In a utility pipe-installation project, deciding whether to use HDD or trenching is determined by balancing the various factors that will affect the suitability of the method, as well as the contractor’s profit. As the demand for utility contractors increases, so does the need for advanced techniques in pipe installation. Although there is an assumption that HDD is preferable to trenching, there are still some rare instances when it is better to resort to the conventional open-cut method. Here are the considerations that guide contractors in deciding whether they will use trenching or HDD.
Ground restoration cost
Both HDD and trenching result in ground disruption. The main difference is that HDD causes minimal damage to the ground. There may not be an exact formula to calculate how much it would cost to restore the land after completing the project, but experience often helps directional drilling companies come up with an estimate on which option is more cost-effective.
Restoration is a significant factor which affects the contractor’s profit. The ground condition and existing landscape could add to the difficulty and expense of restoring the ground post-installation. Trenching is simple, fast, and economical, which makes it a practical option when working in rural areas. But if the time and cost of restoration impact the bottom line, it may be best to resort to HDD instead.
Existing utility lines and conduits
HDD is a suitable solution when working in an urban location. It will not result in damage to driveways or cause traffic interruption as much as an open-cut method would. When there is already an established network of underground pipes, HDD becomes the only feasible option. Within the last couple of decades, urban areas have developed significantly to a point where adding new pipes underground has become even more challenging. But thanks to innovation in HDD tracking technology, drill rigs are equipped with better controls and peripheral devices which help operators track the drill course underground and avoid all possible obstructions.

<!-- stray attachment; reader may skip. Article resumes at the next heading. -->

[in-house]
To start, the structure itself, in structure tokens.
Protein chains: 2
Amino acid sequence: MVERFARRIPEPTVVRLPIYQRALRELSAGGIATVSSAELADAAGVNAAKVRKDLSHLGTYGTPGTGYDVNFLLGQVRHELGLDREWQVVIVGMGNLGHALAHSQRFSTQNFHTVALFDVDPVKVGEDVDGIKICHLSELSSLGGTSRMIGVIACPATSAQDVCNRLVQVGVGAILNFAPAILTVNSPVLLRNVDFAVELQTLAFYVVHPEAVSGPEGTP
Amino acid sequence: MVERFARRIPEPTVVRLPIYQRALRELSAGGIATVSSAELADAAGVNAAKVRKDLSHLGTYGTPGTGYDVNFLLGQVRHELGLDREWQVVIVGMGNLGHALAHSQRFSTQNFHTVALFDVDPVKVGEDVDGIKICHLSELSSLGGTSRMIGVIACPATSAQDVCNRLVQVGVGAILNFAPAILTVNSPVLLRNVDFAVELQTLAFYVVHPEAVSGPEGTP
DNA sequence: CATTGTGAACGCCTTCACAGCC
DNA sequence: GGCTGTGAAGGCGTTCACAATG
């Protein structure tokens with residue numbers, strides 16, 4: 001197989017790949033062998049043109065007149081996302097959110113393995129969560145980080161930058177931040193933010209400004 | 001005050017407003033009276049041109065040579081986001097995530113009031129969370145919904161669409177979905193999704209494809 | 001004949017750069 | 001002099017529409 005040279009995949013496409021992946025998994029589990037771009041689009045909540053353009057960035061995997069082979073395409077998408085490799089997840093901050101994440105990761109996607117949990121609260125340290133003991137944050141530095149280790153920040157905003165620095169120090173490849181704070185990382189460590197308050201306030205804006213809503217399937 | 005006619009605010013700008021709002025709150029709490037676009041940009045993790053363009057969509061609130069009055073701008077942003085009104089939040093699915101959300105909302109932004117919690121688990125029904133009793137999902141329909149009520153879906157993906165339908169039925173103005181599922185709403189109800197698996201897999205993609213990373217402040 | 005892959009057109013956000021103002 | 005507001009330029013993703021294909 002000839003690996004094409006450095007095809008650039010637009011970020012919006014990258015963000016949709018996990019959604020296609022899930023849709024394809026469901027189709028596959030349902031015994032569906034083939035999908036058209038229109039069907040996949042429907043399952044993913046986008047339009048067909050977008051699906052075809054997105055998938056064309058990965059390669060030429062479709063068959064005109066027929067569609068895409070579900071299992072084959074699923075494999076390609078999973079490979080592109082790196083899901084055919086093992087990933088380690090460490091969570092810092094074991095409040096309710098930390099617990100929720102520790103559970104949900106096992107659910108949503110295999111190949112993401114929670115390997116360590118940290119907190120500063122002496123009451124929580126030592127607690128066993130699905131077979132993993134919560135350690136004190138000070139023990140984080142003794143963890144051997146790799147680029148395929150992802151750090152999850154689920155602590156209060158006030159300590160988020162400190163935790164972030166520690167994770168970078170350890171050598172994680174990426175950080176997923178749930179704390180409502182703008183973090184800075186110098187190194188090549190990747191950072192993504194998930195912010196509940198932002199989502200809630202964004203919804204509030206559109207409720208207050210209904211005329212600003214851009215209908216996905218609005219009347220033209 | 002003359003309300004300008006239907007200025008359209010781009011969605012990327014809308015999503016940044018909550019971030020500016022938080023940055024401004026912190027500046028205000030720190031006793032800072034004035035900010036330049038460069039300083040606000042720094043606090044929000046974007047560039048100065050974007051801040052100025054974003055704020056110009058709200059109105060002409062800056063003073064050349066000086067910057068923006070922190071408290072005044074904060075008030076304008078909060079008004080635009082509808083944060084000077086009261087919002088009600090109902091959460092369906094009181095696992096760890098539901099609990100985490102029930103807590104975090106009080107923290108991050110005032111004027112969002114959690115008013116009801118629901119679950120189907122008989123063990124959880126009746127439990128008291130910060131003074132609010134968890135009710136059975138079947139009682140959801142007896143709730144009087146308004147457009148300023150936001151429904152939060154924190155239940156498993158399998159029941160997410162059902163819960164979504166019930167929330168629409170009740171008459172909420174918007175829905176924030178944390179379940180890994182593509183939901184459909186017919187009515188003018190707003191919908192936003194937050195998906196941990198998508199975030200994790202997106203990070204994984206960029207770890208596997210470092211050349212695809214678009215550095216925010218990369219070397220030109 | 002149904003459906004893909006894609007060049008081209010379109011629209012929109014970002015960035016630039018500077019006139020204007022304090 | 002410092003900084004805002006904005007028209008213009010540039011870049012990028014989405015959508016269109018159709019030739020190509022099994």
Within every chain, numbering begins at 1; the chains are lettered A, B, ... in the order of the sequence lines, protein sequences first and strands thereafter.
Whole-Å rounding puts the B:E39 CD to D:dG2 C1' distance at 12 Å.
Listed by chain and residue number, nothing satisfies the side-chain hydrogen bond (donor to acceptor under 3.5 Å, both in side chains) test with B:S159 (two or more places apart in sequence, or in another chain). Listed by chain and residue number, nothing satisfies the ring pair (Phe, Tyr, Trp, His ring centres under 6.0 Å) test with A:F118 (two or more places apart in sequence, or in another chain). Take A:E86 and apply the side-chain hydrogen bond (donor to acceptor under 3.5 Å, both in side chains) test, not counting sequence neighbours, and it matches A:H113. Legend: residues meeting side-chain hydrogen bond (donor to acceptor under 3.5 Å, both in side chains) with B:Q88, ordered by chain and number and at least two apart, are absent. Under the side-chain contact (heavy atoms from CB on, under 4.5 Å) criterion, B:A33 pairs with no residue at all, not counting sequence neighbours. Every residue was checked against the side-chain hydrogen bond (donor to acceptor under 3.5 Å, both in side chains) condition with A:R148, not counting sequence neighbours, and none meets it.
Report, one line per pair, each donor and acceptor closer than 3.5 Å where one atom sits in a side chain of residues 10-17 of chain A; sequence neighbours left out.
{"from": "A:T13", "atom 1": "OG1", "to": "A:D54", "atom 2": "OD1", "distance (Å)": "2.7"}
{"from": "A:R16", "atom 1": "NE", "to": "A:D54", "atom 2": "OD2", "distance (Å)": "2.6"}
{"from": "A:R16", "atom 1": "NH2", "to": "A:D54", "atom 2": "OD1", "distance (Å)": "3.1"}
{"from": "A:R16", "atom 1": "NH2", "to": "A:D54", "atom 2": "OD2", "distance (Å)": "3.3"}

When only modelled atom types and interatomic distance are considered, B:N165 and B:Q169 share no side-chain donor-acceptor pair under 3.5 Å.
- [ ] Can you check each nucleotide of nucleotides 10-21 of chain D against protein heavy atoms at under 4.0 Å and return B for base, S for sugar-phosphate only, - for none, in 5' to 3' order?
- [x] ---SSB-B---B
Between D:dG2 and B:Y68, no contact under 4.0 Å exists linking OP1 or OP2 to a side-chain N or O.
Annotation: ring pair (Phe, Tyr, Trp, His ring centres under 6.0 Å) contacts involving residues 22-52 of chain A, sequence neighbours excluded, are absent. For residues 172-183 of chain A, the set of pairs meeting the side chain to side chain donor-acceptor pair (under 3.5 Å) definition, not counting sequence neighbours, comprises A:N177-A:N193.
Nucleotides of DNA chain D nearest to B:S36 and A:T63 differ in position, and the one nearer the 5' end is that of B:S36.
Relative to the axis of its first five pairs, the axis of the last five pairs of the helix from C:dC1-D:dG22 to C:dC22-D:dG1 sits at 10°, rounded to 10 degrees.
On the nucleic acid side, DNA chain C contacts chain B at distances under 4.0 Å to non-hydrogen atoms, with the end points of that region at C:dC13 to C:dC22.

Nevertheless, HDD also has its limitations. It is not a good method to use when the pipes are to be installed at shallow depths. The soil type also impacts the viability of HDD and in some exceptional cases could make it impossible to use.
Required training for workers
Most drill rigs available today are easy to operate. However, every operator who will handle a piece of heavy machinery has to undergo training. As such, training workers for a project will add to the total cost of the operation. In addition to handling the equipment, the operator also needs adequate knowledge about the underground industry.
If a contractor wants to secure the bottom line, using a mixture of HDD and trenching equipment is the best solution. Doing so will allow you to maximise the benefits and leverage the strengths of each technique. Since each project has unique requirements, considering all the factors will ensure that you are not only providing the best service to your client, but you are also making sure that the project sustains your company’s bottom line.